Both Carmelo and ABCD founder Sonny Vaccaro agreed through one way or another, Lenny was never the same after LeBron came on his turf and waxed the floor with him. “After that, we just didn’t hear very much about him,” said Anthony. The next fall and spring resulted in a tale of two explicitly different high school careers; one destined for pop culture legend and the other for self-inflicted destruction.
Still believing the hype those pumped in his ear, Cooke flashed jewelry, drove expensive cars and declared for the NBA draft largely because his academic career had dropped off the face of the Earth. Lenny never played his senior year in high school aside from all-star games. In one of the more sombering and embarrasing moments of any draft prospect, Cooke announced his plans to go pro at Brooklyn’s famous restaurant, Junior’s. Only on June 26, 2002, he was never selected. His sense of what has been dubbed “entitlement” and an overall loss of enthusiasm for the game was evident as he drove himself to the D-League, European ball and eventually out the game as a whole.
LeBron, on the other hand, wound up on the cover of Sports Illustrated his junior year taking Cooke’s place as the premiere high school basketball miracle-monster in America. He even caught 61 passes for 1,245 yards and 16 touchdowns as a wide receiver, earning All-State honors. While Cooke was effectively driving his career into the ground, James ascended his into the heavens with his high school games moonlighting as ESPN circus events. The thirst for his impending leap to the NBA reached levels of unprecented anticipation, not witnessed before or after since. And over the course of the next decade, LeBron morphed himself into an irreplacable figure in basketball’s hierarchy. Fifty years from now, however, when historians attempt to trace the moment when LeBron hoisted himself into the national consciousness, it was that moment in New Jersey at the Adidas ABCD Basketball Camp in 2001 where they’ll come to an agreement that the game took on another facelift changing forever. Six weeks before Aaliyah’s passing and eight before 9/11, LeBron James became a star.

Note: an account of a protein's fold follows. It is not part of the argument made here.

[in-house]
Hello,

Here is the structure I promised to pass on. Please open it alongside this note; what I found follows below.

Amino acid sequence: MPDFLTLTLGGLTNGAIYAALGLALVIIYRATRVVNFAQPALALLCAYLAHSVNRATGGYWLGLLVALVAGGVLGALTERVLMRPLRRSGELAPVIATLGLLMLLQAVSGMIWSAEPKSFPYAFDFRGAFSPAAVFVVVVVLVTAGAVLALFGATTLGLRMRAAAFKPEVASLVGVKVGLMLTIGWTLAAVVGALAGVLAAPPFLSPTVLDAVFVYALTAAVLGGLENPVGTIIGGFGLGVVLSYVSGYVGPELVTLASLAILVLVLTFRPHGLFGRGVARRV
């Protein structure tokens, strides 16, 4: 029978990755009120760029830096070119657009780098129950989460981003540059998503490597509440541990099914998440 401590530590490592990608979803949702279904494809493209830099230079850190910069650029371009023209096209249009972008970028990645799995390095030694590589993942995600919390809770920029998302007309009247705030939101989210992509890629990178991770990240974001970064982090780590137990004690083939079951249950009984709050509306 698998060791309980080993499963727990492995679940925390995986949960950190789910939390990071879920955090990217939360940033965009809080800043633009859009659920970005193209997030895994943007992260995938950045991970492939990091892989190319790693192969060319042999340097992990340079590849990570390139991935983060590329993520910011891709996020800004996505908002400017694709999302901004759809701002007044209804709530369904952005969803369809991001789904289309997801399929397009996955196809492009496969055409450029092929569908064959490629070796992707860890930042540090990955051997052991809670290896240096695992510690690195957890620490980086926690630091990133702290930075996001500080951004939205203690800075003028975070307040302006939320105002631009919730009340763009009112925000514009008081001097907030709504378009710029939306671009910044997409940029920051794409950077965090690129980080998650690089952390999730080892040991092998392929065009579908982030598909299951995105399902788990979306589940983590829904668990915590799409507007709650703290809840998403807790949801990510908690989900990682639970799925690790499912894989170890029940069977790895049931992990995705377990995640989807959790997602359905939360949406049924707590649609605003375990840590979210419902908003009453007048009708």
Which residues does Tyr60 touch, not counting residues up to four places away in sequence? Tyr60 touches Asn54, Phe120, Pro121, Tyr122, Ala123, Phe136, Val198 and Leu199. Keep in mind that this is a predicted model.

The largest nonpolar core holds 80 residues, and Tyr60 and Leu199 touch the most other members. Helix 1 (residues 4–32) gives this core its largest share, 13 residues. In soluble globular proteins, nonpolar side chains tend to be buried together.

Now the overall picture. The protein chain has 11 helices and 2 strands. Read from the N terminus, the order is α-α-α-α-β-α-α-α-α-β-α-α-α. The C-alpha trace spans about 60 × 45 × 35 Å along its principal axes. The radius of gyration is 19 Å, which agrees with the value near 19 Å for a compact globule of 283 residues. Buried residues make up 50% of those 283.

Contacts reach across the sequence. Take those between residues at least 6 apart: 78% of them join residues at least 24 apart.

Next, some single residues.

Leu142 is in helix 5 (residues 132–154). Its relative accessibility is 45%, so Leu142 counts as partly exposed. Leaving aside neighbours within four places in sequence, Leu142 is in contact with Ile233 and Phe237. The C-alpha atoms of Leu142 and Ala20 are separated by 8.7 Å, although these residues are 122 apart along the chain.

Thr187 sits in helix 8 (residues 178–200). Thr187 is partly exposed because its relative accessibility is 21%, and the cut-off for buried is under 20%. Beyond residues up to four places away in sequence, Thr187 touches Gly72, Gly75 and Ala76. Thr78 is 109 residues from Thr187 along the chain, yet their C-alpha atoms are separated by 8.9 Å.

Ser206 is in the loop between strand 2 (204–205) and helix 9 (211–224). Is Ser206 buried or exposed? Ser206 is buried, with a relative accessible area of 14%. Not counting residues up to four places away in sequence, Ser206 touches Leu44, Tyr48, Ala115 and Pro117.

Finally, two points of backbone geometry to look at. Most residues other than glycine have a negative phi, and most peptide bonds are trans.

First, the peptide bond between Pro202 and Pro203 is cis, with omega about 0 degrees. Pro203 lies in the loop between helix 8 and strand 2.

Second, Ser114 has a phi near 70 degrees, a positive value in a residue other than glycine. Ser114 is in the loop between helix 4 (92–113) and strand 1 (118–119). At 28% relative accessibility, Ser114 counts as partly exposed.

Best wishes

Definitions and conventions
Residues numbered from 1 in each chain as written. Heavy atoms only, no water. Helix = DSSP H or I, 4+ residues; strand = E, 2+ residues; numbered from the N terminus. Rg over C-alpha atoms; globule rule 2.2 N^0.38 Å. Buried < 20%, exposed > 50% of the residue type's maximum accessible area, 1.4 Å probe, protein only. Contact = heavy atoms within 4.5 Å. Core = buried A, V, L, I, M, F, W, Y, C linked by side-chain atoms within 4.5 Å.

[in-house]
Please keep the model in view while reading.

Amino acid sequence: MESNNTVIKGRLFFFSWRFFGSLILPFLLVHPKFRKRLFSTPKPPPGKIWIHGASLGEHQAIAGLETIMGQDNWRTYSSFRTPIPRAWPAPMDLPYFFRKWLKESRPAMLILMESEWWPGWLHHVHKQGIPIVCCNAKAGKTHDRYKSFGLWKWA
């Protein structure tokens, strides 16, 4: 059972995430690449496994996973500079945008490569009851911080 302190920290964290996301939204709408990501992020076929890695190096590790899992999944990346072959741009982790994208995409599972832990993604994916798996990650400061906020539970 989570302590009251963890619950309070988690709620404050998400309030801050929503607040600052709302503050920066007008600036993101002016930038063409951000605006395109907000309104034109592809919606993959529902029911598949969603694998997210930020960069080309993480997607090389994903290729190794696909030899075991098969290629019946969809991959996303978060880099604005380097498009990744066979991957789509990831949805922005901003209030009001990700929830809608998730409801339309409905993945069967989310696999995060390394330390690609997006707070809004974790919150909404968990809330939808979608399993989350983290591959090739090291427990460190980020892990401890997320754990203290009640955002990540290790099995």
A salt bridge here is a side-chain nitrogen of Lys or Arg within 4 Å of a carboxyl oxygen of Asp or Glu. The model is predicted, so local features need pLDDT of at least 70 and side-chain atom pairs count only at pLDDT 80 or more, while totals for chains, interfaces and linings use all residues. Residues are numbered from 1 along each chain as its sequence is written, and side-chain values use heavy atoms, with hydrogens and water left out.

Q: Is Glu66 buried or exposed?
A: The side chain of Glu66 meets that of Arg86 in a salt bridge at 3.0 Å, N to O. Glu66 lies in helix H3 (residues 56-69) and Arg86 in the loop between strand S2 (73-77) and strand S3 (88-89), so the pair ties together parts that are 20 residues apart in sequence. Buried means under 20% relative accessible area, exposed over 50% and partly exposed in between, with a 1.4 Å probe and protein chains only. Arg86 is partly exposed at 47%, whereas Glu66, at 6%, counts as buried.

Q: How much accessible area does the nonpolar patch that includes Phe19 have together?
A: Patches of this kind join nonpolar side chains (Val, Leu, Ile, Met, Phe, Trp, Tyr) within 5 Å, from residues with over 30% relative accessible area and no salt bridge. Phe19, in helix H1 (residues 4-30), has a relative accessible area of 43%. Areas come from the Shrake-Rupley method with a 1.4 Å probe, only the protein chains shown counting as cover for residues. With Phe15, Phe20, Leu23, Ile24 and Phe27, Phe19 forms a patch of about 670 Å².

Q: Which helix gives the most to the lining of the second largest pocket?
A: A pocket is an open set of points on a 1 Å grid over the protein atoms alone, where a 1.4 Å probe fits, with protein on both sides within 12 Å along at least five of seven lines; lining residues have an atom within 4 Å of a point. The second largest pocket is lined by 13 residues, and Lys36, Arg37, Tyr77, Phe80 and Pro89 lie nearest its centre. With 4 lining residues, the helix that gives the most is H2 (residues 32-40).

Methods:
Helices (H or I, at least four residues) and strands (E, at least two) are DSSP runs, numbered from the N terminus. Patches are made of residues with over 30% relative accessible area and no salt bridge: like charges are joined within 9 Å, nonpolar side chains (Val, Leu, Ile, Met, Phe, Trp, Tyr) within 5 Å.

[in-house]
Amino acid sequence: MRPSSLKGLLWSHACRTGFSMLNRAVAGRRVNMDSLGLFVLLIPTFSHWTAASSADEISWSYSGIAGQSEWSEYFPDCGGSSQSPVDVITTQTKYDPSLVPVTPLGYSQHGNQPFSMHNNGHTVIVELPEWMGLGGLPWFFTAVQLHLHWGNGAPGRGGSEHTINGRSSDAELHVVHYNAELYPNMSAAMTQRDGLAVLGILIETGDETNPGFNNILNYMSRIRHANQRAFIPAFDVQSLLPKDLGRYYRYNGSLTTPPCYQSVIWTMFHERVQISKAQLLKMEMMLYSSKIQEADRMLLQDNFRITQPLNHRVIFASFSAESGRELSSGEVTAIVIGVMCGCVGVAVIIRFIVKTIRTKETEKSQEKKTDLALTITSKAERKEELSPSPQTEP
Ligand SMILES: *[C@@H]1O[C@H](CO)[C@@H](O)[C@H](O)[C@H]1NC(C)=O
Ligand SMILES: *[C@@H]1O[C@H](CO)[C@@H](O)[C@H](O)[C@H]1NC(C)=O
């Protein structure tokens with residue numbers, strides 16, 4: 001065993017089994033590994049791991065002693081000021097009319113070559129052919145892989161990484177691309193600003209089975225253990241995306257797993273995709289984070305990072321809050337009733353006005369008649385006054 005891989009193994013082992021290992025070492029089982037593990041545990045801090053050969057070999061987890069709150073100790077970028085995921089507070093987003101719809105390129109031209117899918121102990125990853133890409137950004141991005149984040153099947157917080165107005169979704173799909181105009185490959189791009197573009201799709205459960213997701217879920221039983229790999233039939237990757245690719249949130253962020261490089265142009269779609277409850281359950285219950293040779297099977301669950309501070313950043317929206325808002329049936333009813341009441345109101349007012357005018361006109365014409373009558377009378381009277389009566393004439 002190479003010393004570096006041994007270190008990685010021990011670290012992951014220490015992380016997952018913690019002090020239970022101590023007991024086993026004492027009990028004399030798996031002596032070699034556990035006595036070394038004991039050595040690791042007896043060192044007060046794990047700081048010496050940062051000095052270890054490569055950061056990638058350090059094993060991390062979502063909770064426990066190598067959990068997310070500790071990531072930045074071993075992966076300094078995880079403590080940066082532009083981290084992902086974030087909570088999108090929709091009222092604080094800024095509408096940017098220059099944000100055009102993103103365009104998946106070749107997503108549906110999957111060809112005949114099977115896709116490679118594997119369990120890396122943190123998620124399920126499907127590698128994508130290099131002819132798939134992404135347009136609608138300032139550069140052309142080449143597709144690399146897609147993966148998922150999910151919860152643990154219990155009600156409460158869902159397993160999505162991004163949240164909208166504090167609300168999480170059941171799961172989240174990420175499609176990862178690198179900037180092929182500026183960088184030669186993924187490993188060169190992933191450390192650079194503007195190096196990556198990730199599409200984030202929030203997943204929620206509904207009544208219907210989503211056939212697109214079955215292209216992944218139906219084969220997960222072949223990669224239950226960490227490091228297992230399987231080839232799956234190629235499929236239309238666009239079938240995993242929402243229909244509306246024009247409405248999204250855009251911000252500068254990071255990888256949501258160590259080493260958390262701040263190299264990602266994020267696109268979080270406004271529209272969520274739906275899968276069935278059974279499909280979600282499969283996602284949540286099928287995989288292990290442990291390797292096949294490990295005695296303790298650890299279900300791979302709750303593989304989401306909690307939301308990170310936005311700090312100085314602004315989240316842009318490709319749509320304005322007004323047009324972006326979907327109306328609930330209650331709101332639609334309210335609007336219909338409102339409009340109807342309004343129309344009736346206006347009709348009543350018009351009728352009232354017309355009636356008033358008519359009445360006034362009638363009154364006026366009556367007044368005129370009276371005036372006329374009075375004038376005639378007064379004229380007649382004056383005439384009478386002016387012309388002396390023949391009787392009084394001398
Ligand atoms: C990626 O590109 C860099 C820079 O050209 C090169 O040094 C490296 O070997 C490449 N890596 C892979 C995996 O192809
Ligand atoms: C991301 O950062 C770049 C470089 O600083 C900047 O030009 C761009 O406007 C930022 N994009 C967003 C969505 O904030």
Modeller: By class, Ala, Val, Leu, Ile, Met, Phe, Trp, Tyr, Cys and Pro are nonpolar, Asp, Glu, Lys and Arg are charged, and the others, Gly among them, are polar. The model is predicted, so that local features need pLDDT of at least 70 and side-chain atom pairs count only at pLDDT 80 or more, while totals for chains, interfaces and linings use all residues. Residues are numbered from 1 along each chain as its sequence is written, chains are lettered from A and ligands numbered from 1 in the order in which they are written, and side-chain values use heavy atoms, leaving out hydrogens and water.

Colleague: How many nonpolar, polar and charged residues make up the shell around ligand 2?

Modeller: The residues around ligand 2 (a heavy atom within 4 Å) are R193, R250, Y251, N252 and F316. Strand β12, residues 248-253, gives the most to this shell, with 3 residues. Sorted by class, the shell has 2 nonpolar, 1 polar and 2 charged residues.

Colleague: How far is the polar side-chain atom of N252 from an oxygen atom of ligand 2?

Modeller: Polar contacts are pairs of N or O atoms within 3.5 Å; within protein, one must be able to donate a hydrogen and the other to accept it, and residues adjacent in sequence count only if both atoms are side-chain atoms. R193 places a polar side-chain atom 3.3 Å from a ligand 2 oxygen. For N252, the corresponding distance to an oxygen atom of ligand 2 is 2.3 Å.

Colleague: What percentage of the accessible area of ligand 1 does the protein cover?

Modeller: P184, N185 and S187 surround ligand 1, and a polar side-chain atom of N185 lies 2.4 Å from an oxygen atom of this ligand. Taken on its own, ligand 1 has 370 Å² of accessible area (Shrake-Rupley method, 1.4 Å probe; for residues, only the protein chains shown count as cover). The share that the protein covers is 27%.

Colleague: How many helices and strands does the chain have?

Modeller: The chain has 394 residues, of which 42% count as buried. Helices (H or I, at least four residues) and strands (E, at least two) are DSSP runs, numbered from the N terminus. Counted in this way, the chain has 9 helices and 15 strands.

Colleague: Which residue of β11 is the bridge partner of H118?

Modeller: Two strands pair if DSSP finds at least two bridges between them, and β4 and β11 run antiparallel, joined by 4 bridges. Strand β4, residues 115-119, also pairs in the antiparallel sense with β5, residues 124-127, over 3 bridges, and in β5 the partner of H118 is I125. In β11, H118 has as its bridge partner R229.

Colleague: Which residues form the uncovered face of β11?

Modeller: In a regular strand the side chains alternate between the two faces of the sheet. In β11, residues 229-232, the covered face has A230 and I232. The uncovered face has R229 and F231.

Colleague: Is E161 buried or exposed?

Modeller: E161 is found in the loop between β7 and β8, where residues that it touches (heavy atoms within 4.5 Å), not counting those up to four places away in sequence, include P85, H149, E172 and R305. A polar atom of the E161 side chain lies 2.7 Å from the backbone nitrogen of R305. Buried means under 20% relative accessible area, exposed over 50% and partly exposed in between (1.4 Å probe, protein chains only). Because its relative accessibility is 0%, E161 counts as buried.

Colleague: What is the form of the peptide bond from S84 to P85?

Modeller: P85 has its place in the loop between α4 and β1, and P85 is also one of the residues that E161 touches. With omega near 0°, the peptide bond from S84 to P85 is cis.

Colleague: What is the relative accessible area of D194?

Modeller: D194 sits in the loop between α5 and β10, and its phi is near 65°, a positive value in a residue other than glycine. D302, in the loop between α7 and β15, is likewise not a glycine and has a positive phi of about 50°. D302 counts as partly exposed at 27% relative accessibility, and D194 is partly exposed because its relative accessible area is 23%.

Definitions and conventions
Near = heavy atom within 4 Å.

Lenny Cooke never received his opportunity to play against LeBron, Carmelo, Kobe or even Joakim in the pros. His story became arguably the biggest example as to why the NBA and NCAA implemented the mandatory one-year college rule after the 2004 draft. Following years of being unable to watch LeBron, Cooke has since come to grips with the fact this was the way the story was supposed to pan out. “As long as every time I go on the Internet and somebody is talking about Lenny and LeBron, I guess my name’s still being mentioned with this guy — you know what I’m saying? Give my kids something to read, some way to know without me telling them that I was there with LeBron, a guy with a $100 million contract. It used to bother me when they said, ‘Lenny Cooke was supposed to be something and he isn’t.’ Not anymore. I’m living my life.”
Perhaps the story of LeBron, but more so Lenny represents the intoxicating risk that is being so talented at a game that can feed one’s family for decades if handled correctly. LeBron James is so celebrated because there are so many Lenny Cookes in the world. That supremely talented genetic freak from high school who seemes guaranteed for fame and fortune. Only to find out basketball can turn dreams into reality, but even quicker it can leave a young man in a state of confusion and depression many never emerge from. A bad decision at an impressionable age can turn destiny into fate, and potential into despair.
Cooke’s life isn’t terribly bad, though. The subject of his own self-titled documentary – directed by Josh and Benny Safdie, executively produced by Joakim Noah and scored by Boi-1da – has resulted in three sold out viewings at the Tribeca Film Festival. Each earned a standing ovation. Conceivably now, the story of the kid who dominated high school basketball headlines 12 years ago will rightfully have his memoir told from the meteoric highs, to the depressing lows and everything in between. And if we’re lucky, maybe the shot that changed the course of basketball history will finally surface.